The Hong Kong West Kowloon Station by Andrew Bromberg at Aedas has been designed as a gateway to Hong Kong, but its landscaped roof is also proving popular with the locals
Hong Kong has a long-standing love affair with rail. After the Kowloon Canton Railway opened in 1910, its original terminus at the tip of Tsim Sha Tsui was the last stop for intrepid travellers arriving from China. One century later, the Guangzhou Shenzhen Hong Kong Express Rail Link (XRL) brings back that connectivity with a new terminus designed by Aedas in the reclaimed West Kowloon area.
The opening of the Hong Kong West Kowloon Station in September 2018 means that mainland China, Russia and beyond are now a little closer. XRL's high-speed carriages brings Guangzhou within 45 minutes' reach of Hong Kong, while cities such as Xiamen can now be considered for a weekend getaway. And though undeniably politically controversial, the railway is a physical strengthening of the bonds between mainland China and Hong Kong, as the 50 years of autonomy draws closer to its halfway mark.Aedas' winning bid for the project had much to do with making the terminal – XRL's first and only station within Hong Kong – a statement piece: nothing less than a gateway to the city. With most of the building underground, reaching to a depth of 25 metres, its sheer scale – 400,000sqm (4.3 million sqf) of usable floor space – puts it on par with the world's biggest and busiest airports.
Its monumental proportions are intentional, a major hub in response to the increasing rail traffic in China. Andrew Bromberg, global design principal at Aedas, designed an arcing volume that reaches 25 metres into the sky while sweeping around to embrace views south towards the Central skyline. With a carpeting of stepped greenery covering the structure's roof laid out like a welcome mat for public enjoyment, the station aims to attract both travellers and locals alike. "The forms were a direct result of harnessing and redirecting all of the surrounding contextual connections toward and through the station toward Victoria Harbour and The Peak," says Bromberg. "The merging of these flows is seen as analogous to how train lines would merge into a terminus station."Featuring a predominantly white palette, the interiors form a forest of angled steel columns crowned by a floating roof broken by swathes of skylights reaching 45 metres above the central void. Some 4,000 glass panels allow daylight in and a glimpse out to the city, while the low-rise form makes the large structure more welcoming and human in scale.
"The intent for the floor finish is gradient earth tones that radiate out from the big void of the departure hall to the perimeter," Bromberg says. "The soffits of the roofs are deliberately white so that the varying daylight and shadows through the skylights and clerestories are what animate the project."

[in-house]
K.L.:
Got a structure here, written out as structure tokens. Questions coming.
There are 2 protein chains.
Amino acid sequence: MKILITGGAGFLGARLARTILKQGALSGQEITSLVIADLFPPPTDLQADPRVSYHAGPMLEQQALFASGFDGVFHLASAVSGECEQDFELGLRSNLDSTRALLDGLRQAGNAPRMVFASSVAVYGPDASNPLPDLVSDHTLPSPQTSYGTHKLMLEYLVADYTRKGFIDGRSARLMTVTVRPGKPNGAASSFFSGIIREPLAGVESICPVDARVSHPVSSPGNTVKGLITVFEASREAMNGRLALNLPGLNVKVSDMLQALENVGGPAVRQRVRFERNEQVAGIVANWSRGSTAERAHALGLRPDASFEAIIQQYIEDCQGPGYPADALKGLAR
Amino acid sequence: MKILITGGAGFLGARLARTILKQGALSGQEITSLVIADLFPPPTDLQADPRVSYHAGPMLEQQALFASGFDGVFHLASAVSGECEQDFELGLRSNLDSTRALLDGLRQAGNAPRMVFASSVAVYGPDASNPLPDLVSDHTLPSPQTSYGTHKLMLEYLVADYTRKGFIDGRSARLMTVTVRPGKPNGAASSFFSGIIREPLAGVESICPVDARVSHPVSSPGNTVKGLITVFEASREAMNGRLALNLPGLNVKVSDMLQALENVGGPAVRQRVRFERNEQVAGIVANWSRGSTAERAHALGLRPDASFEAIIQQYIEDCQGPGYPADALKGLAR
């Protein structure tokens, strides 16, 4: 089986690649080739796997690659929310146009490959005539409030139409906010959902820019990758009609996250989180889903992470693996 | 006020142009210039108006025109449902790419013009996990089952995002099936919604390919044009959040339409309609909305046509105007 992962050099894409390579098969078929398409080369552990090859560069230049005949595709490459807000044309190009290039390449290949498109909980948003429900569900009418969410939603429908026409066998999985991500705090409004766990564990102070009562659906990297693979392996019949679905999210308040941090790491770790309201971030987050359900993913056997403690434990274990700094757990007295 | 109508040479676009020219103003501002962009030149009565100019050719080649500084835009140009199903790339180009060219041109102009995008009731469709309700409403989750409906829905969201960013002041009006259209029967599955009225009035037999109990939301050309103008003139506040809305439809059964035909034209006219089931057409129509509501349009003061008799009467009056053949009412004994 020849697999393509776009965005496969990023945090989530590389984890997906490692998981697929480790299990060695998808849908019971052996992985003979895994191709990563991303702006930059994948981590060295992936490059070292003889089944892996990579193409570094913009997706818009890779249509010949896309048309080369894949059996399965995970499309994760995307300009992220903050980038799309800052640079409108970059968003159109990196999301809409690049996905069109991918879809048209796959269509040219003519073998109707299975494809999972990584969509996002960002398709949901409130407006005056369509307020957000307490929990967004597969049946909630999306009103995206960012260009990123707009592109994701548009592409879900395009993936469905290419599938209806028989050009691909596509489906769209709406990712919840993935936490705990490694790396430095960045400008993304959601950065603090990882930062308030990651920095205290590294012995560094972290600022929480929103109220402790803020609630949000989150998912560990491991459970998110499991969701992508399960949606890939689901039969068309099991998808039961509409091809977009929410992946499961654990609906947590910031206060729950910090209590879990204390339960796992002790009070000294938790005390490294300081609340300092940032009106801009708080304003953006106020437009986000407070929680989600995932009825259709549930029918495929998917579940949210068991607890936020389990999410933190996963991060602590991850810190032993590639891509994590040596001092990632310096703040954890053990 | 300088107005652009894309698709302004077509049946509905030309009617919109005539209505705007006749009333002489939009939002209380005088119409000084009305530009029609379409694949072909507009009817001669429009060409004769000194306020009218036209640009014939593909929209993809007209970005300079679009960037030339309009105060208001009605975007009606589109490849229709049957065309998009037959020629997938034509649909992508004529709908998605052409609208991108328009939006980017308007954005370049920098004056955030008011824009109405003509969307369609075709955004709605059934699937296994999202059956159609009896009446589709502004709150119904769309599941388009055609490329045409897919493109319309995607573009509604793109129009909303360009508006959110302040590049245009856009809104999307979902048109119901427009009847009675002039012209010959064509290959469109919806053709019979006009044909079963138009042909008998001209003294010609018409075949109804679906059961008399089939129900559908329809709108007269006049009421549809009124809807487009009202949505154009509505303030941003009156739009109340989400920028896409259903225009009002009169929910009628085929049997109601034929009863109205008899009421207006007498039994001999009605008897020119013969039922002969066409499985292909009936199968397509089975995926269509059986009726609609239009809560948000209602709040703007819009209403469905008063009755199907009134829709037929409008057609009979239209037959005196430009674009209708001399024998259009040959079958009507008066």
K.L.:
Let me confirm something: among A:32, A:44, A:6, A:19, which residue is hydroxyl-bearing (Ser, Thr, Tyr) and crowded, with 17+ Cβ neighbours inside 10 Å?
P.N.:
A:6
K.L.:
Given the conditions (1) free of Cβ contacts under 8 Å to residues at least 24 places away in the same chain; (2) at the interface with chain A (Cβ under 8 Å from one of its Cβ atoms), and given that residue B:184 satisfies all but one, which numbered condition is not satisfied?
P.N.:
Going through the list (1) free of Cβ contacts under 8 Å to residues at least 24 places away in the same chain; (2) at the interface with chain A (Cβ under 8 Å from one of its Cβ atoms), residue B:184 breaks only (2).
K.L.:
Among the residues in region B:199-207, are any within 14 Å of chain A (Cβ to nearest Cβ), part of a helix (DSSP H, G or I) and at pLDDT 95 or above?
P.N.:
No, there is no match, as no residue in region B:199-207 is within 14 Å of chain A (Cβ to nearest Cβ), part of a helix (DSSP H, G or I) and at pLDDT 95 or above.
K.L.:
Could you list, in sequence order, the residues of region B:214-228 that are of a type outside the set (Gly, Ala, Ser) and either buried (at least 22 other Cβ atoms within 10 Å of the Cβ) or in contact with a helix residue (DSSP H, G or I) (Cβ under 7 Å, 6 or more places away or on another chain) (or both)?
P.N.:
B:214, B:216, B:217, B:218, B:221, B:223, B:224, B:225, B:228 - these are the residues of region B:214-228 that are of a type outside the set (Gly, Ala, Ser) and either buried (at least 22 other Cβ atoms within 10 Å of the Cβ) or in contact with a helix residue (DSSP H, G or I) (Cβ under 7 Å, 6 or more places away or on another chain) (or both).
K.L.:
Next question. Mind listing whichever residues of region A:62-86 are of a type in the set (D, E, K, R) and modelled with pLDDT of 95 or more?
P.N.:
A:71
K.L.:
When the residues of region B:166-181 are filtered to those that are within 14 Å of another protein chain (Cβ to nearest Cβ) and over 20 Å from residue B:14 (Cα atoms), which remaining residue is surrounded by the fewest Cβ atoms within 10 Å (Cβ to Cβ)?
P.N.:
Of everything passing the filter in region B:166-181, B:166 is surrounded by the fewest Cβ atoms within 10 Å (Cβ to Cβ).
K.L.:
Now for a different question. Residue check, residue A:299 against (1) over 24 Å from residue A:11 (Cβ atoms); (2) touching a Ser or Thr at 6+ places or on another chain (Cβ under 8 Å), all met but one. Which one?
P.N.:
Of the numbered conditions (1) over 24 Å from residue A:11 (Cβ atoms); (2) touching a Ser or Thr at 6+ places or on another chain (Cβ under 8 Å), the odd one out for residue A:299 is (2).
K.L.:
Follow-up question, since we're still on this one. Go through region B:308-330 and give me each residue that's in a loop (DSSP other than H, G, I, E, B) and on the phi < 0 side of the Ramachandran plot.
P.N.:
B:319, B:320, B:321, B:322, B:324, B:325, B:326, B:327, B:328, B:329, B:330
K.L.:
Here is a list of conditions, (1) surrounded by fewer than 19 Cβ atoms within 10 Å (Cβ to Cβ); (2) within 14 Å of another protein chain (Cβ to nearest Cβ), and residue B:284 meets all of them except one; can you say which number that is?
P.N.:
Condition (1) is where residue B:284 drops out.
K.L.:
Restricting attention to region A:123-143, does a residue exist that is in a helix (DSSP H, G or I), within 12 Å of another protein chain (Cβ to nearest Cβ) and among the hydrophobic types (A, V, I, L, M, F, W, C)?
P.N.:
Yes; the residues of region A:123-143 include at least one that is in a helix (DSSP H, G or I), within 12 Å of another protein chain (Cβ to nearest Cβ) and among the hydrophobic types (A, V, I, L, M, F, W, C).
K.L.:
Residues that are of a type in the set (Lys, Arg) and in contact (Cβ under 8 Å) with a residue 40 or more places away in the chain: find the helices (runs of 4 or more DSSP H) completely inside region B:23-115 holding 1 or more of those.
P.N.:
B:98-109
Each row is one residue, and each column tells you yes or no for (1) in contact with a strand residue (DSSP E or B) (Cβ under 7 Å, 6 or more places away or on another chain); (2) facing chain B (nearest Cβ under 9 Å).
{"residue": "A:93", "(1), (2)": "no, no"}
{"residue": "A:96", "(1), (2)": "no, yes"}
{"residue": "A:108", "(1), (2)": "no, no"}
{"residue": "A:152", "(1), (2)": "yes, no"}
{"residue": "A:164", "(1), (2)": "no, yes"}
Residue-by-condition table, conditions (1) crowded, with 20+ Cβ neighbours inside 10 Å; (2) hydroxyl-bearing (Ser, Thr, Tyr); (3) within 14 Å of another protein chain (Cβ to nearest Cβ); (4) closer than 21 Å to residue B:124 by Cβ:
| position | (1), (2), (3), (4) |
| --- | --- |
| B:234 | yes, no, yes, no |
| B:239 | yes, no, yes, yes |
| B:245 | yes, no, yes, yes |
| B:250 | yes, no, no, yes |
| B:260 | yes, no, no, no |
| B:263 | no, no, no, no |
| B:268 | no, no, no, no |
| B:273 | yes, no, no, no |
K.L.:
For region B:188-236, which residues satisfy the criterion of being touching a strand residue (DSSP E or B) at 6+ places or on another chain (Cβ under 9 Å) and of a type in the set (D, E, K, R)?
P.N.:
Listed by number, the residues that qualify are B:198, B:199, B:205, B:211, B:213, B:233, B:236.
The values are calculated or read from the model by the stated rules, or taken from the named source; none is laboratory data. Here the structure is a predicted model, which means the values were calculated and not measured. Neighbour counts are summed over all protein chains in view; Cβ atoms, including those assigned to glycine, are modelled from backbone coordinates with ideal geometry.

The structure's central void further helped resolve the controversial arrangement of having both Hong Kong and mainland Chinese customs officials within the same premises. "By stacking the immigration halls, we were able to make them extremely efficient," says Bromberg. "This efficiency afforded the design an opportunity to have a big void down to the departure hall. That big void was essential to the success of the project – it allows natural wayfinding and easy orientation for all visitors. You always know where you are in the station relative to the void. Most importantly, you always know you are in Hong Kong, with the views out of the station towards Central District and The Peak visible to the south."The ground-hugging building contrasts strongly with its neighbouring skyscrapers: the half-kilometre high, 118-storey ICC is a mere stone's throw away to the west. Bromberg knew that he wanted a building on which people could walk – one they could experience personally. "The exterior finishes of the green plaza and sky walk were intended to be more of the 'ground' and less of the building, to help distinguish the roofscape more as a park," he notes.
"The expressed architectural components that are visible on the exterior are cooler silver tones to help soften the forms against the green foreground." For Bromberg, sustainability was a key element in the station's design and it has been incorporated into many of its facets. "The green roofscape, beyond providing a valuable open space to the West Kowloon Cultural District, also absorbs rainwater and uses it to irrigate the hundreds of trees and shrubs on site," he says. "The green roof limits the amount of solar gain into the station. The interior of the station uses the skylights and clerestories for natural daylighting, reducing the need for artificial lights. Cooler air is always supplied close to floor levels for user comfort, so the majority of the volume in the space is actually not conditioned. The cool air, which flows downwards, can then drop naturally from one level to another, and eventually fall into the departure hall – further reducing the amount of air-conditioning required."
Now that the 10-year-plus project is born, Bromberg is justly pleased with his new baby. "The public engagement of the project has given me great pride," he says. "Watching visitors climbing onto the roofscape to experience the beauty of the site and the beauty of Hong Kong – this will only improve as the trees mature and more shade is given to the three hectares of open space the station provides."